How to Reduce Sodium Intake

Do you consume too much sodium? If you’re an average American, you probably do! The USDA recommends not to consume more than 2,300 mg per day (1) but reports that the average American consumes about 3,400 mg each day. Although sodium promotes regular functioning of our body, over consumption can lead to high blood pressure and related diseases. Keep reading to learn how you can lower your sodium consumption to a healthy amount.
Excess sodium
https://phatburn.com/how-much-salt-is-too-much/

1. Substitute for Sodium in Your Cooking

Did you know you can still create flavor in your cooking without using sodium? In vegetable salad, adding a little vinegar and fresh herbs such as parsley, basil, or cilantro can add a lot of flavor. Adding dry herbs and spices in your cooking such as oregano, parsley, curry, paprika, cumin, chile, garlic and more can also develop strong flavors that prevent you from needing to add excess salt.

2. Read Nutrition Labels

Reading nutrition labels is a great way to be aware of how much sodium is in your food. A nutrition label tells you how many milligrams (mg) are in that food in a serving, as well as what percent that is of the daily value (2,300mg). You may be surprised by how much sodium is in foods that you use everyday!
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https://en.wikipedia.org/wiki/Nutrition_facts_label

3. Avoid Adding Excess Salt to Dishes

Are you the type of person who is always looking for the salt shaker, even at restaurants? Maybe it’s time to stop relying on it to flavor your food. A single teaspoon of salt contains 2,325mg of sodium! That’s just above the daily limit set by the USDA!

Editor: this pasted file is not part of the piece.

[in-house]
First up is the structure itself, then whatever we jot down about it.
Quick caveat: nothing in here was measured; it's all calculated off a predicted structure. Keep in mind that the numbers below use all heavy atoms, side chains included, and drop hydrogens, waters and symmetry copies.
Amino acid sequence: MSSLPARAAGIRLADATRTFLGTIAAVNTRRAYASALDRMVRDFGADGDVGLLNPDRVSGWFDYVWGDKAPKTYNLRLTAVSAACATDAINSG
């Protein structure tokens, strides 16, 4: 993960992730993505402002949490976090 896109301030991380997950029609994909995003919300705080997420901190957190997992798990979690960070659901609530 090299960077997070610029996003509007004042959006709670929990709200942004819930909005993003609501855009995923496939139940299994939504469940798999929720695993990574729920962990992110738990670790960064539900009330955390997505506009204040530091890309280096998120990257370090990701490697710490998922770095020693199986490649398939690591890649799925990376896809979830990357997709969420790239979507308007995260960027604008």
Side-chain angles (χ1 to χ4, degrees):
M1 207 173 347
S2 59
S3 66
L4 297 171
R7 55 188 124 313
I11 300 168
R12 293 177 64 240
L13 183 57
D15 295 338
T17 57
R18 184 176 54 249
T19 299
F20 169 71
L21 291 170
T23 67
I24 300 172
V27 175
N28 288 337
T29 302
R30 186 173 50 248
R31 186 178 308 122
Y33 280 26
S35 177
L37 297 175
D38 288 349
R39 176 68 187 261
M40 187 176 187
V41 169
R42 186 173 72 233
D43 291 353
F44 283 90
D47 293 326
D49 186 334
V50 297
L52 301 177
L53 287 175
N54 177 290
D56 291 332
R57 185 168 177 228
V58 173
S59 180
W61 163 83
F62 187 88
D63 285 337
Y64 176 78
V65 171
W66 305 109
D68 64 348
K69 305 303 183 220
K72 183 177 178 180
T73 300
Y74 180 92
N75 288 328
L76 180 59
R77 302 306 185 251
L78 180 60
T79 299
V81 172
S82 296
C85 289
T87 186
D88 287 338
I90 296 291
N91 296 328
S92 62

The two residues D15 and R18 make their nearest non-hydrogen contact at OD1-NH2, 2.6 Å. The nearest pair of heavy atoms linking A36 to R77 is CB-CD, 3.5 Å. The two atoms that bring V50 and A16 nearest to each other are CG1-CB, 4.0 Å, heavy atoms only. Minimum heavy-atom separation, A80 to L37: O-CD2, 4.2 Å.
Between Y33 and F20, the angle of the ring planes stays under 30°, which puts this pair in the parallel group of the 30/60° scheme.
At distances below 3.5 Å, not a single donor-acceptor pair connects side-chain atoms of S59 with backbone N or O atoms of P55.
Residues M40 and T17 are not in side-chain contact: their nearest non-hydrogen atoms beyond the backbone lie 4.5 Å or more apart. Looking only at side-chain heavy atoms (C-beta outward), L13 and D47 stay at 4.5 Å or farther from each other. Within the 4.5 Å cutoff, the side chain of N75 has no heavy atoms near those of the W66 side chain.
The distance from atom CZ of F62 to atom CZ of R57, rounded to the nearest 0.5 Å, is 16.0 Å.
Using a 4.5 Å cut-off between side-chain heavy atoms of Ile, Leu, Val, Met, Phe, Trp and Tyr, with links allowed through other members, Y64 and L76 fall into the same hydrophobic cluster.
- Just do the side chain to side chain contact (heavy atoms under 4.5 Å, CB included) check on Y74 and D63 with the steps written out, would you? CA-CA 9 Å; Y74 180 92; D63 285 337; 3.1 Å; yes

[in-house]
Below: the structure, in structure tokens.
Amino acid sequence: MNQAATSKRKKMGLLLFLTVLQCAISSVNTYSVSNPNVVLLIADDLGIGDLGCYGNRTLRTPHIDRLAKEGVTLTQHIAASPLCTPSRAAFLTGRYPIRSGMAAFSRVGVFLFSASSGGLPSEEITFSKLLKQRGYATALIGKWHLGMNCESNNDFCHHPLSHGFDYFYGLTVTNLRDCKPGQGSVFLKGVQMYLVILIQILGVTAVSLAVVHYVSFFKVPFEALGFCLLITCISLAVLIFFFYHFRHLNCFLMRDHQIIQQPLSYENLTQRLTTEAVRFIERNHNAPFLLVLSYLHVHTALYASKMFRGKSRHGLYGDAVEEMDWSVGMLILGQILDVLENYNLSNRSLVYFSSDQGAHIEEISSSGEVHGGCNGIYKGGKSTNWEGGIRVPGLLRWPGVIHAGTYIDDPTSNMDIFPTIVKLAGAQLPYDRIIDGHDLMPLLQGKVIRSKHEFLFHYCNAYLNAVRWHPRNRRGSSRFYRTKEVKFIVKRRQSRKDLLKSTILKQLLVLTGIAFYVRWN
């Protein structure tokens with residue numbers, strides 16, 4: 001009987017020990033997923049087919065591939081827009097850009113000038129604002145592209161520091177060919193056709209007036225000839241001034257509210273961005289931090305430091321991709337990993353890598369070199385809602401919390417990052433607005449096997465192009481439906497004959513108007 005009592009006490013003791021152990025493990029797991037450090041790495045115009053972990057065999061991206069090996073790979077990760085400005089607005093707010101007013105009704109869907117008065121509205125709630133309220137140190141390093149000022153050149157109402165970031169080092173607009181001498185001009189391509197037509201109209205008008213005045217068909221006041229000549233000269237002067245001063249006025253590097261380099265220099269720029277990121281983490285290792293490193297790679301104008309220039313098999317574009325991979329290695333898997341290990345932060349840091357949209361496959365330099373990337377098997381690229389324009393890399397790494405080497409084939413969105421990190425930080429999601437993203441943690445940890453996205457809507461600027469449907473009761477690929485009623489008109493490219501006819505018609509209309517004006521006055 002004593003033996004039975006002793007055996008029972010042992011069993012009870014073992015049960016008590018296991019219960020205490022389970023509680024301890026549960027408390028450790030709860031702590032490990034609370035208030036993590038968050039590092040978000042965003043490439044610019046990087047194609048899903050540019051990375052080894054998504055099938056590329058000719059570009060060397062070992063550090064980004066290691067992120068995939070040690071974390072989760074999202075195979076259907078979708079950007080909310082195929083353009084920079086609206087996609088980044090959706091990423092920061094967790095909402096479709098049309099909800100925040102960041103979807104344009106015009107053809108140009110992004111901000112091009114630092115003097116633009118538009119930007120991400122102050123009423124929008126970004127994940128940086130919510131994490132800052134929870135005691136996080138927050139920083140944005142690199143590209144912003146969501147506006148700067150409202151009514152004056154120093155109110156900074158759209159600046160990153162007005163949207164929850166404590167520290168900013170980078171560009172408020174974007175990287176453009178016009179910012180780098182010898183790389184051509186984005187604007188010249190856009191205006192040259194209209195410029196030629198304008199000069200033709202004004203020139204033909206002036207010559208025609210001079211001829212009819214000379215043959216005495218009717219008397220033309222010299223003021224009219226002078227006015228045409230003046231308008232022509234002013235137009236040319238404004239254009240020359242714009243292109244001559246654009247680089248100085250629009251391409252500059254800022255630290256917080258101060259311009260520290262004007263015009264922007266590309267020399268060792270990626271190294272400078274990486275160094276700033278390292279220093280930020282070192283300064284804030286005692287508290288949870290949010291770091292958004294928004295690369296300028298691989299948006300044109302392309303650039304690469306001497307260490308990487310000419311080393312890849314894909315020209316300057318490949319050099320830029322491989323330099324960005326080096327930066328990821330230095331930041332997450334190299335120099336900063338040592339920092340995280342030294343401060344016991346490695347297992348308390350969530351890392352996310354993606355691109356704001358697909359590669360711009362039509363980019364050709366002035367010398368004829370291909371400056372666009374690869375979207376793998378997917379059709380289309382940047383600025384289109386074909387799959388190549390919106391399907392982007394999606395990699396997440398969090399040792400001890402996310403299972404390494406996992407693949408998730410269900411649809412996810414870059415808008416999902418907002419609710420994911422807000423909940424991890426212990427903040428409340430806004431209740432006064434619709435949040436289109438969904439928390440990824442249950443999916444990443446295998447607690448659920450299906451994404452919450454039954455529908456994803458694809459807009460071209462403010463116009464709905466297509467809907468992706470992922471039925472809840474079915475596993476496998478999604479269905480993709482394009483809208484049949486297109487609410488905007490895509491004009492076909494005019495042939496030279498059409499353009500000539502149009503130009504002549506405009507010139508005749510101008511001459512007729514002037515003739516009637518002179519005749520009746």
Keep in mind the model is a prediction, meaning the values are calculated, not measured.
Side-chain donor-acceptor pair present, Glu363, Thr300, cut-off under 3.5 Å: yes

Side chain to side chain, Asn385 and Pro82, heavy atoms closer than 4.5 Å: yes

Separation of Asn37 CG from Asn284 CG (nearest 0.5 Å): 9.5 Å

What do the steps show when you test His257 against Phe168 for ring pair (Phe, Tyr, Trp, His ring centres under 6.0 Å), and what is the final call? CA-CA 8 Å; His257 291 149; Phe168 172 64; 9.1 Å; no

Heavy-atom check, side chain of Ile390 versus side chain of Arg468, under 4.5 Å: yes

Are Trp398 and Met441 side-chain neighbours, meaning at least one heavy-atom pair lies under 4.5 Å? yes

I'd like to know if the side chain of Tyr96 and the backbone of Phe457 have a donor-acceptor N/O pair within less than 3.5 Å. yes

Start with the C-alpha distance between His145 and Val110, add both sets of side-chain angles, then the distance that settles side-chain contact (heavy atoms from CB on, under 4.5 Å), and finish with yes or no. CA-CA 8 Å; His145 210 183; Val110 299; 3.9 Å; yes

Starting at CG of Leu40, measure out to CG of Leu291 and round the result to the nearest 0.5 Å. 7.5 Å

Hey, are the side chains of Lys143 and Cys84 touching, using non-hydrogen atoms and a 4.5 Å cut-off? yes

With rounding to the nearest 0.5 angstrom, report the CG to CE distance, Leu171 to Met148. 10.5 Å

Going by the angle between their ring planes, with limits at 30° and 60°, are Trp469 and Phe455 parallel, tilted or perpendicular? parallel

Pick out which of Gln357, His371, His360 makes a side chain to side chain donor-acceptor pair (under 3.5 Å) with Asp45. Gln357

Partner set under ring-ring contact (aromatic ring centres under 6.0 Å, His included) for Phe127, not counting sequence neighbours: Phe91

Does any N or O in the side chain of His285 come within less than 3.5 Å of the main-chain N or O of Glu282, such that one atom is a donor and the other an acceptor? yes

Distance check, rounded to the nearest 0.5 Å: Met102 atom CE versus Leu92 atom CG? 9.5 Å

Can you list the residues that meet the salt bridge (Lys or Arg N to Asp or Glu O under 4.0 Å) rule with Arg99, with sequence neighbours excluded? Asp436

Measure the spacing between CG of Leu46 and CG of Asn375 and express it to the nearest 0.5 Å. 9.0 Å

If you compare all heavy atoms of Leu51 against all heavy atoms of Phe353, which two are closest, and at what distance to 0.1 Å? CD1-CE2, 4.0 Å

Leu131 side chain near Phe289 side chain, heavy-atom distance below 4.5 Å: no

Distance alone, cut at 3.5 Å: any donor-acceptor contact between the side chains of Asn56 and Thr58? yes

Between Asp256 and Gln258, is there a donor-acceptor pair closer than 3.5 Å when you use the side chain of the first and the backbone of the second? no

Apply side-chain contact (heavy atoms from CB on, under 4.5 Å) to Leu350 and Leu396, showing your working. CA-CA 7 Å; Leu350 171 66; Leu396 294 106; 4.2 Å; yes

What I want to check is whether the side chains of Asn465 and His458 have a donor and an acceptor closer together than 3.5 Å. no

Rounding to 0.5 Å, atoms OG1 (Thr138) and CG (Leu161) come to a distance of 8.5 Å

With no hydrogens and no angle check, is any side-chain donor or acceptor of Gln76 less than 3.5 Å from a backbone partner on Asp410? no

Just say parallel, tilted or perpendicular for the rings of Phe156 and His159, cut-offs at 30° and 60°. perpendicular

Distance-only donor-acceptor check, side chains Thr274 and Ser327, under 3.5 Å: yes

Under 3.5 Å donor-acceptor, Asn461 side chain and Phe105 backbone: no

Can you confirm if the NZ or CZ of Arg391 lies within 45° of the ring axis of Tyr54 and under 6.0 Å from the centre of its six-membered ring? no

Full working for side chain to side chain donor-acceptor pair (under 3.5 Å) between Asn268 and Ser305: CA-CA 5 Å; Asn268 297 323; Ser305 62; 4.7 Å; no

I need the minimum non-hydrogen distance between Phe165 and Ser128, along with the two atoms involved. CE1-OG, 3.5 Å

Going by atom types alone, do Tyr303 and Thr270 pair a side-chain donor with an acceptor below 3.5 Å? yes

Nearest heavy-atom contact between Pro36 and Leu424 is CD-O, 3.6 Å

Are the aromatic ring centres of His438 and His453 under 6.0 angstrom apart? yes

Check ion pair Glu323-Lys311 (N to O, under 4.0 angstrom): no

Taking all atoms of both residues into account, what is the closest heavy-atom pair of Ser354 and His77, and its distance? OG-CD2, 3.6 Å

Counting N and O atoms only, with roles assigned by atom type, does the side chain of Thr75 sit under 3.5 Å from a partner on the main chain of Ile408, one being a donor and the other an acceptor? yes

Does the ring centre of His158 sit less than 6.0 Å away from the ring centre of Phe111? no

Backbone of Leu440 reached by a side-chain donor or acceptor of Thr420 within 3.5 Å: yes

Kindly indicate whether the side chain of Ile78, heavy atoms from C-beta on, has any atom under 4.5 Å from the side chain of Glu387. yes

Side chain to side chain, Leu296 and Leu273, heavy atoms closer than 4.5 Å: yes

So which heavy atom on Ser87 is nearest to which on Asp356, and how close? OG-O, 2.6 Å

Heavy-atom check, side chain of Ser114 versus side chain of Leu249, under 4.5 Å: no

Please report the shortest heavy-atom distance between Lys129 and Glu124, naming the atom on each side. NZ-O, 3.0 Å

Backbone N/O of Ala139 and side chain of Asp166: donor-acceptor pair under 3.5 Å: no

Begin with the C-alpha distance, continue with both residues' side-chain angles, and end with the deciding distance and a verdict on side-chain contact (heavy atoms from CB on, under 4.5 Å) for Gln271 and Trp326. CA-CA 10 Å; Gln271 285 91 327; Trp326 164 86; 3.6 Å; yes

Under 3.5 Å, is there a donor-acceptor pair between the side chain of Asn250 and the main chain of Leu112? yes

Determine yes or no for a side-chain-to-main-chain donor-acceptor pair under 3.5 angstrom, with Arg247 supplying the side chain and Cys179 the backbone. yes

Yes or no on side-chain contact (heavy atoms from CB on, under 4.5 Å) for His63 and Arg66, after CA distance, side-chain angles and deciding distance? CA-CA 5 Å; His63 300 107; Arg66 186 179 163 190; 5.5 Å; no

4. Rinse Off Canned Vegetables

Salt is typically used in foods as a preservative. Canned foods have salt add to them, so it’s always beneficial to give them a rinse before you eat them. Foods such as canned beans can easily be rinsed in a strainer or colander before eating.
Cowboy Caviar
 

5. Limit Packaged Foods

Again, salt is used as a preservative to prevent bacterial growth and spoilage. As a result packaged foods tend to be much higher in sodium than fresh foods. Try to avoid processed foods when possible. For example, if you’re making a chicken sandwich you can thinly slice a chicken breast grilled at home as opposed to chicken deli slices. The chicken deli slices probably have much more sodium.

If you’re unable to buy fresh produce and are deciding between canned or frozen, chose frozen if possible. It’s 100% okay to enjoy your favorite packaged foods from time to time (I will never give up prosciutto or cheese), but limiting these foods in your everyday life is a great way to keep your sodium intake at bay.

6. Cook at Home

Cooking at home is one of the best ways to keep your salt levels in control because you know exactly how much salt is in your food. Not all restaurants have nutrition labels and if they do, sometimes not all chefs following the same recipe. If you can’t prepare all your meals at home, try to at least cook as much as you can to minimize sodium intake.

7. Eat More Fruits and Vegetables

Most packaged snack foods such as chips or pretzels have a lot of salt. While raw fruits and vegetables have very little. Choosing fresh fruit and vegetables as a snack can help prevent you from consuming excess sodium. 
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8. Be Conscious of Your Condiments

Condiments such as ketchup, dips, dressings, and packaged sauces can be high in salt adding excessive sodium to your meals. Try to use condiments in moderation and be aware of how much sodium is in them.

Sources:

1.  https://www.fda.gov/ForConsumers/ConsumerUpdates/ucm181577.htm

 
 
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Author: Stephanie

As a Registered Dietitian-Nutritionist, I'm on a mission to help you enjoy eating a balanced diet by cooking with #thatcertaintouch .

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